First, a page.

A New Securities and Exchange Commission Chairman
SEC member Elisse Walter will take Mary Schapiro's place as top dog, at least through 2013.
The new cop on the Wall Street beat will have plenty to keep her busy. Elisse Walter, currently a member of the Securities and Exchange Commission, will take over as chairman when Mary Schapiro steps down on December 14, after four grueling years on the job. President Obama has designated Walter -- a career regulator, like Schapiro -- to take her place, at least for now.
Walter's term as commissioner can run to the end of 2013, during which she can serve as chairman. But to keep the top job after 2013, she will have to be nominated and confirmed by the Senate. But observers say other candidates are being vetted for the position as well, including Sallie Krawcheck, a former exec at Citigroup and Bank of America. Other potential candidates include Richard Ketchum, chief executive of the Financial Industry Regulatory Authority (Finra) and a former director of the SEC's Market Regulation unit, and Robert Khuzami, the hard-charging SEC enforcement director.
Whoever gets the nomination will inherit a big chunk of Schapiro's unfinished agenda. Some two and a half years after the enactment of the Dodd-Frank legislation, little more than one-third of the rules needed to implement the massive financial-reform law have been finalized.
Money-market reform is more unfinished business. Schapiro tabled rulemaking at the SEC last summer after failing to sell a majority of commissioners on the need for floating net asset values that reflect the actual market value of money-market portfolios, or an increase in capital buffers at fund sponsors and limited redemptions by investors in a crisis. The Financial Stability Oversight Council, charged with protecting the country's financial system from debilitating shocks, could press the SEC to take up the reforms.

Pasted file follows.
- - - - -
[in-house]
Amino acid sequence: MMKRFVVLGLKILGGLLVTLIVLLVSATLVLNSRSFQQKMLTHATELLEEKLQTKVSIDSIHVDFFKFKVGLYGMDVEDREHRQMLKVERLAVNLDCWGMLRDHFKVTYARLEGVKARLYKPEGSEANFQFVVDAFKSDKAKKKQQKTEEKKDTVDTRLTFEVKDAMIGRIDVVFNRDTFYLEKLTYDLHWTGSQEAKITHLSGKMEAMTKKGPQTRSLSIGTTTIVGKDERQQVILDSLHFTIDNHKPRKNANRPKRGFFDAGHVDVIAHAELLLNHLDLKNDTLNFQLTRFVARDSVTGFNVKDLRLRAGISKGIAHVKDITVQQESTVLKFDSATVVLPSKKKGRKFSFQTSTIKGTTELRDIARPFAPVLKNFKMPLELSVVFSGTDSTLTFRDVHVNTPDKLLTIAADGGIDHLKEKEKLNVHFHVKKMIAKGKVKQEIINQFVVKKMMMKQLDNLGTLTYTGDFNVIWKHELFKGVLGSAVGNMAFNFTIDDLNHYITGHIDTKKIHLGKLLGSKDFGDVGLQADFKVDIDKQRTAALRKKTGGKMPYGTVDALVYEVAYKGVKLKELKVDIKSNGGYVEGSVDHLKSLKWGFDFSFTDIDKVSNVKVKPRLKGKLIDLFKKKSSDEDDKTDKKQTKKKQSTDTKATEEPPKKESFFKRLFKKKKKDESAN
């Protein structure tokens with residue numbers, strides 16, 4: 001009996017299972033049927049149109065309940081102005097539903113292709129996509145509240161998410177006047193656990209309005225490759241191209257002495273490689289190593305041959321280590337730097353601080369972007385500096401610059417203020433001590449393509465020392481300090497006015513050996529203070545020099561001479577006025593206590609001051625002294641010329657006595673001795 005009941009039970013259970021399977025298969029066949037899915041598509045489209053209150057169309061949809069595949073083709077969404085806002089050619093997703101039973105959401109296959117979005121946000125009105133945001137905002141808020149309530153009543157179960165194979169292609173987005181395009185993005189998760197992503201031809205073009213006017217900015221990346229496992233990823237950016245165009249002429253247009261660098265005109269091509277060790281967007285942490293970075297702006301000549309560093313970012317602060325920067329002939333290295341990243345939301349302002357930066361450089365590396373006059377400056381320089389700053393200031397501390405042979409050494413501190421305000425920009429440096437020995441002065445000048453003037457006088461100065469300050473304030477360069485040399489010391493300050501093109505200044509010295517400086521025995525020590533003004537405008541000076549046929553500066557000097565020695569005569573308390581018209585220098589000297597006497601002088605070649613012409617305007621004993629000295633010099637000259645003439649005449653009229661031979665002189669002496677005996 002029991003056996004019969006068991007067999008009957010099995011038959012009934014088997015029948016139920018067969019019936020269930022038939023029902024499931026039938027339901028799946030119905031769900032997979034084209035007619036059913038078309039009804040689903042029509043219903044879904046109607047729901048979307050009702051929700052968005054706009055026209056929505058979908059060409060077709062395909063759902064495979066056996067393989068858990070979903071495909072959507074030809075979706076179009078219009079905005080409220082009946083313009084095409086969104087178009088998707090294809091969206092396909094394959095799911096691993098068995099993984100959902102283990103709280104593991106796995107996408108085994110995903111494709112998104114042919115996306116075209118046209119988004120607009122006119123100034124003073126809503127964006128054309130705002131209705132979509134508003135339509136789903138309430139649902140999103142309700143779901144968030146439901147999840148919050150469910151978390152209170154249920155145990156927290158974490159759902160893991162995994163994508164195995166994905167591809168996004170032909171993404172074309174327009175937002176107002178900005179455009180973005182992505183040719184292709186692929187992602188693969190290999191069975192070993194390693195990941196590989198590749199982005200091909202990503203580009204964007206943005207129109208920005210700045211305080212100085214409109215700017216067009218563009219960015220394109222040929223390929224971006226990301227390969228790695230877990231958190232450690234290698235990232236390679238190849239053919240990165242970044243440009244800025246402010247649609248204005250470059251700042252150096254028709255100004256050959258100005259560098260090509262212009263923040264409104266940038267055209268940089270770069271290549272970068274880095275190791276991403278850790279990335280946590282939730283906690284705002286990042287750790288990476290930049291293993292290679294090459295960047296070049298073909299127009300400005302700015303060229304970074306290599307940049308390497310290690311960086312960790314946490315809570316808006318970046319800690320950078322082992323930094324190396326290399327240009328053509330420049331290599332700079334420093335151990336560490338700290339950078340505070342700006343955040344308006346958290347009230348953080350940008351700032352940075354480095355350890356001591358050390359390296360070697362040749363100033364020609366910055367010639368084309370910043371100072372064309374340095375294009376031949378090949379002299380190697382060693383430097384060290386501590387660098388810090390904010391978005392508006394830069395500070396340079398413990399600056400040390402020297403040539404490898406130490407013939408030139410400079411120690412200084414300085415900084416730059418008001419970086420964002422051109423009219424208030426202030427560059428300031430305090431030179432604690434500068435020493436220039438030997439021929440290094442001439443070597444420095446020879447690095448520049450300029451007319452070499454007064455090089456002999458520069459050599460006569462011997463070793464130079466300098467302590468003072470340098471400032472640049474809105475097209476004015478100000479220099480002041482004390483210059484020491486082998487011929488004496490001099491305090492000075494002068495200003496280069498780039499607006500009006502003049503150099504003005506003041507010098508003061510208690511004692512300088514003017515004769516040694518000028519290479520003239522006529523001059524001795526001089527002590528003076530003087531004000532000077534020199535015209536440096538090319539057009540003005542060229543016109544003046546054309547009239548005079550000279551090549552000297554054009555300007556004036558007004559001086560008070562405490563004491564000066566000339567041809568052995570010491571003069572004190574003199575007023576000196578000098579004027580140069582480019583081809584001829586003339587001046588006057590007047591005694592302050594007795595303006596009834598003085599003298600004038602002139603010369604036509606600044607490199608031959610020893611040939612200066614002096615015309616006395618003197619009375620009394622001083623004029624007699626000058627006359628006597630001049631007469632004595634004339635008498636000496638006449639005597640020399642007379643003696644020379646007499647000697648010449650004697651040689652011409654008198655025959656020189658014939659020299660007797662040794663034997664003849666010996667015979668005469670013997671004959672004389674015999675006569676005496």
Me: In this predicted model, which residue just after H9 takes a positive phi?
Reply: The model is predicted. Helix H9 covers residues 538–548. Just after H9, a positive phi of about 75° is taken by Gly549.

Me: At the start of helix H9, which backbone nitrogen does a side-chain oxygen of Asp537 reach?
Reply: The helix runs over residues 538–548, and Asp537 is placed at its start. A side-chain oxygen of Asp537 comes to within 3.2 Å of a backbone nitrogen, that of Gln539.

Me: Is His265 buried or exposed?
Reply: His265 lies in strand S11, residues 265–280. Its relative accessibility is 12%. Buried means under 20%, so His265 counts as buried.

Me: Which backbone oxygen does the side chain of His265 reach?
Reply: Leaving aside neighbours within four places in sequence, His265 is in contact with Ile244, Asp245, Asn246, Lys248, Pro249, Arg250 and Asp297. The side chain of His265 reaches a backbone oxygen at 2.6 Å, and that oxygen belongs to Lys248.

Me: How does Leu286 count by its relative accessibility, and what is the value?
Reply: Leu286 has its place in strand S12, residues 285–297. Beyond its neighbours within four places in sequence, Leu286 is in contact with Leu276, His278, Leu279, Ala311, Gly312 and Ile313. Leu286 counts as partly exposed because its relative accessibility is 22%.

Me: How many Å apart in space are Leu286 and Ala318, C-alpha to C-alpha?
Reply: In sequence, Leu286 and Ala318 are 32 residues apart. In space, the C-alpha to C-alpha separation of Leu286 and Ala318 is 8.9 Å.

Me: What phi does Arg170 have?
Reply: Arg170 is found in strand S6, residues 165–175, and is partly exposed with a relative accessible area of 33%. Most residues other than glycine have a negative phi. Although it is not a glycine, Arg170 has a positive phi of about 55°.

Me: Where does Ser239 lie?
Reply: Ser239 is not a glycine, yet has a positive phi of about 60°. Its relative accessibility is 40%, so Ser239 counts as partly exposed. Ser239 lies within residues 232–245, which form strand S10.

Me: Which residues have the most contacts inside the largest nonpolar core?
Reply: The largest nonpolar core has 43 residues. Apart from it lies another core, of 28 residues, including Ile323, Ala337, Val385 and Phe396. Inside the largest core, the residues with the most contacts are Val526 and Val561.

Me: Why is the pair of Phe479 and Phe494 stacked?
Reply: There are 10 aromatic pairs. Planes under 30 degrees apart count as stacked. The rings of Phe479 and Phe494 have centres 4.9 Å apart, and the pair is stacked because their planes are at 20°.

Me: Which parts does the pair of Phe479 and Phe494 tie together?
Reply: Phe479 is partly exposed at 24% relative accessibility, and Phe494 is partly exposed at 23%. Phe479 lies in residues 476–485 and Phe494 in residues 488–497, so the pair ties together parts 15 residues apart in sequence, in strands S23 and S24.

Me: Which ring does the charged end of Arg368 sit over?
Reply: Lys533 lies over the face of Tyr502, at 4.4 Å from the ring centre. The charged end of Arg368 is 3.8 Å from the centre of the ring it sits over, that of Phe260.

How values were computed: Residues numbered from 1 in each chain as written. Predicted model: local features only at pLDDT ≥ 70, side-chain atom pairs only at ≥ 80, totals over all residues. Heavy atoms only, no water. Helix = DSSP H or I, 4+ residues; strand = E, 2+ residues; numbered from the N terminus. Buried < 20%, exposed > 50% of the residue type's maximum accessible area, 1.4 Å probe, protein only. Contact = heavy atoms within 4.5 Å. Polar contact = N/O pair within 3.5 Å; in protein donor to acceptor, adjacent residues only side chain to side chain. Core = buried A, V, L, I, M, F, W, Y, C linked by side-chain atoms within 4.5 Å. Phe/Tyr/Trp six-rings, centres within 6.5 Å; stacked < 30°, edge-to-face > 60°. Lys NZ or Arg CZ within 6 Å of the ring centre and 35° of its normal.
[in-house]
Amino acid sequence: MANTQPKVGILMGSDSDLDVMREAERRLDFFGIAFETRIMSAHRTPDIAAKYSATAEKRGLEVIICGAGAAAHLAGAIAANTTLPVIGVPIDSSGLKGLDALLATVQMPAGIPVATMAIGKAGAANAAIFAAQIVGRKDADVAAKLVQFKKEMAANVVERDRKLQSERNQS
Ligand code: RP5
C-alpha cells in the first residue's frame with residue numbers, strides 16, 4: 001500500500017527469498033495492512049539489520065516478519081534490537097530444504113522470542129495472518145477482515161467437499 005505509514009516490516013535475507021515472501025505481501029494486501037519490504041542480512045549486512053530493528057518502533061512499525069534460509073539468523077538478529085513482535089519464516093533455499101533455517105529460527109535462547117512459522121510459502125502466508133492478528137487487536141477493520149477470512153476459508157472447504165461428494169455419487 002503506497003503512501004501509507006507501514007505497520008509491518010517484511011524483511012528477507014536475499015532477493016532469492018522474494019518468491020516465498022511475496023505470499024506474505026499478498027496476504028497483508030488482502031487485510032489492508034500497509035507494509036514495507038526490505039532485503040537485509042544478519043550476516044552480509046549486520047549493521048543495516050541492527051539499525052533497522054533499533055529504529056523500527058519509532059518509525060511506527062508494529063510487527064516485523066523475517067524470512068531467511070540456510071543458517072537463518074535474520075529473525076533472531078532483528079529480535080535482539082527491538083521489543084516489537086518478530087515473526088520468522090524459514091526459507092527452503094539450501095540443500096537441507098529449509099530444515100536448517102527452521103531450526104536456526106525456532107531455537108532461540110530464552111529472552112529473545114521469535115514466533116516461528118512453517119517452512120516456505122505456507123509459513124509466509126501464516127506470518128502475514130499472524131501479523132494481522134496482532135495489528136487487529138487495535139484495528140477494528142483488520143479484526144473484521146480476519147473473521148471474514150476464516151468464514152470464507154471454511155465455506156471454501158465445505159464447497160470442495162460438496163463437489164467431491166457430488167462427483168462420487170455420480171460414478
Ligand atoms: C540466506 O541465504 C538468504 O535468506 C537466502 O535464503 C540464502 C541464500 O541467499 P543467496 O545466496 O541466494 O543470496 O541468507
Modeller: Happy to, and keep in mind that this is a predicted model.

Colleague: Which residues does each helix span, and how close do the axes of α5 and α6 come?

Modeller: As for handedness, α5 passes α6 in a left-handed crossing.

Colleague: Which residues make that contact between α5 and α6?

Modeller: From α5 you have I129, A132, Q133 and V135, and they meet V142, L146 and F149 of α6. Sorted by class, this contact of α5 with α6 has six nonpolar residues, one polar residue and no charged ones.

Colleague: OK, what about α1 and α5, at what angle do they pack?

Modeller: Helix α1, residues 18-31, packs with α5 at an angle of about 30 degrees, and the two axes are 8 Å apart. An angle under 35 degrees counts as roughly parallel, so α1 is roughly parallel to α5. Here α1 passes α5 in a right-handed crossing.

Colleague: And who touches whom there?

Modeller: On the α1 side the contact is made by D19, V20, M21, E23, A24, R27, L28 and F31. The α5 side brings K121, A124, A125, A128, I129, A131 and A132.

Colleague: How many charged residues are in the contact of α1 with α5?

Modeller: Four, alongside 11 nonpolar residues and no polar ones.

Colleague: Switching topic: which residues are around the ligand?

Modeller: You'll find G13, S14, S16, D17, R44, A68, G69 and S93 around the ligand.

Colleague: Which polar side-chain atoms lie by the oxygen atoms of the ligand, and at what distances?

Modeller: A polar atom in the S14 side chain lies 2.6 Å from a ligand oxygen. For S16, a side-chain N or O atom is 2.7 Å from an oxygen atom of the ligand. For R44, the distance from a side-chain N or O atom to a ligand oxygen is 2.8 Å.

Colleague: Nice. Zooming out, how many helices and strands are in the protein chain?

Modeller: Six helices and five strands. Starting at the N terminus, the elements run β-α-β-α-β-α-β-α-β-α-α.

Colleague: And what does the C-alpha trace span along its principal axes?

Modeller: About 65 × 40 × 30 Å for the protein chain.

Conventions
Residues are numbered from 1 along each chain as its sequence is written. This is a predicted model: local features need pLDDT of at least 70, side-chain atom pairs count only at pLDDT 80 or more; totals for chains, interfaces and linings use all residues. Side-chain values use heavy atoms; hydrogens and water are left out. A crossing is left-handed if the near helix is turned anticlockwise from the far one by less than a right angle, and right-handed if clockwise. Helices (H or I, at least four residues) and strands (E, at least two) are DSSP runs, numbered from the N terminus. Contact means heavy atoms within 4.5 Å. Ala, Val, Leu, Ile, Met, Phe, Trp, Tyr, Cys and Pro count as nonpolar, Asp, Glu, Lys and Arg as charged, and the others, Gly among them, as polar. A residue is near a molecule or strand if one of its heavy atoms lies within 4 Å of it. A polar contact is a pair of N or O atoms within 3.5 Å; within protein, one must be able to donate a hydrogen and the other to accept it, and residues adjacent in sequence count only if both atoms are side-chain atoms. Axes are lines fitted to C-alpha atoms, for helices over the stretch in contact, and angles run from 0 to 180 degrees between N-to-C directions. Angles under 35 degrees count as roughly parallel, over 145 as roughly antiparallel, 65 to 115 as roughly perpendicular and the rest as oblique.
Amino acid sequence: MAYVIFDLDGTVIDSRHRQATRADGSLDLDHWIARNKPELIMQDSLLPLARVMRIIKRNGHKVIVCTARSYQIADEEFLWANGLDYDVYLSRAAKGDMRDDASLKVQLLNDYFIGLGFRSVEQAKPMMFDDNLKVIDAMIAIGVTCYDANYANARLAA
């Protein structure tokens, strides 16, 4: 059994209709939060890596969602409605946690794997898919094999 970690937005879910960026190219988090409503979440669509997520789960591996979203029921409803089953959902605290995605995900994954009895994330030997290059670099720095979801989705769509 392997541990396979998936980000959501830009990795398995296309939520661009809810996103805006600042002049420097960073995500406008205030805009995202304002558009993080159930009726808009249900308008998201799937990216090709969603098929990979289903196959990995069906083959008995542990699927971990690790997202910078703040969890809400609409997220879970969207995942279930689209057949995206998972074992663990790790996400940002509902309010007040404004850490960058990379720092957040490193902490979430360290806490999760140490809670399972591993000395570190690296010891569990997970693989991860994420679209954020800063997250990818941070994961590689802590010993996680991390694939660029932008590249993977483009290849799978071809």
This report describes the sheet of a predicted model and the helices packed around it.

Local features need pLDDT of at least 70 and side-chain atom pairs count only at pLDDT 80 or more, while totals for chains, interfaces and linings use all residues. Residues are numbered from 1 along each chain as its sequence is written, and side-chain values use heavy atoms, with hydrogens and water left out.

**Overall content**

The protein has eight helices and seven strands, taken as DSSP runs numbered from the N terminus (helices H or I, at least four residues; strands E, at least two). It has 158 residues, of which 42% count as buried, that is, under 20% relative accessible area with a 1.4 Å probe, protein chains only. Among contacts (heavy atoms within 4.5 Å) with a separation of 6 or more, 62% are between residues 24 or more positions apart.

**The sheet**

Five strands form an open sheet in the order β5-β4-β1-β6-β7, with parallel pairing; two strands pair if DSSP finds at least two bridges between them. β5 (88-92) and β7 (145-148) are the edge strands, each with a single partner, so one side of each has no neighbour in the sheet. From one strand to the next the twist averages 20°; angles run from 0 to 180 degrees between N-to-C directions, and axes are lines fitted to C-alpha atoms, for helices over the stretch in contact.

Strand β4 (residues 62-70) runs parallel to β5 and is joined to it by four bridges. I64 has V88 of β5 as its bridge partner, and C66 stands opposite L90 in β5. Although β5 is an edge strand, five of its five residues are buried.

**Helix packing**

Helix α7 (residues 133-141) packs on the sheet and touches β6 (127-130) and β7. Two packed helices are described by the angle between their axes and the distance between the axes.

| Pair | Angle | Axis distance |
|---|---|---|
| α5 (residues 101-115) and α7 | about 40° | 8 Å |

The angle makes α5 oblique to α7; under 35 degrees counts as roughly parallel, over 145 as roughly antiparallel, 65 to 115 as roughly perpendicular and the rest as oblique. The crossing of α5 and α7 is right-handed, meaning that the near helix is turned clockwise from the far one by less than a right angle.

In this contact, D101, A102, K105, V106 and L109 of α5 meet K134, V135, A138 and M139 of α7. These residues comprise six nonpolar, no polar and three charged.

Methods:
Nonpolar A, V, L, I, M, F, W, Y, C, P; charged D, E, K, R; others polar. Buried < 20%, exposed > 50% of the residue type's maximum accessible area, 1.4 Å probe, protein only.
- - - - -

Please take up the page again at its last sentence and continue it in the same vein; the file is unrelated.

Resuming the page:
Other priorities will include adopting crowdfunding and other rules for the controversial Jumpstart Our Business Startups Act, and determining the risks to the market posed by high-tech trading strategies. For now, Schapiro's departure leaves the SEC with just four commissioners, evenly split between Democrats and Republicans -- a recipe for gridlock, some say.
Walter and Schapiro share similar philosophies on many issues. Their careers have overlapped at the Commodity Futures Trading Commission and Finra, and in earlier stints at the SEC. Whatever other qualities are essential in a chairman, one is a thick skin, says Barbara Roper, director of investor protection at the Consumer Federation of America. "If they do anything that approaches a decent job for investors, they can expect to be under constant, often nasty partisan attacks from members of Congress," she says. "You need someone who's not bothered by that kind of bullying."
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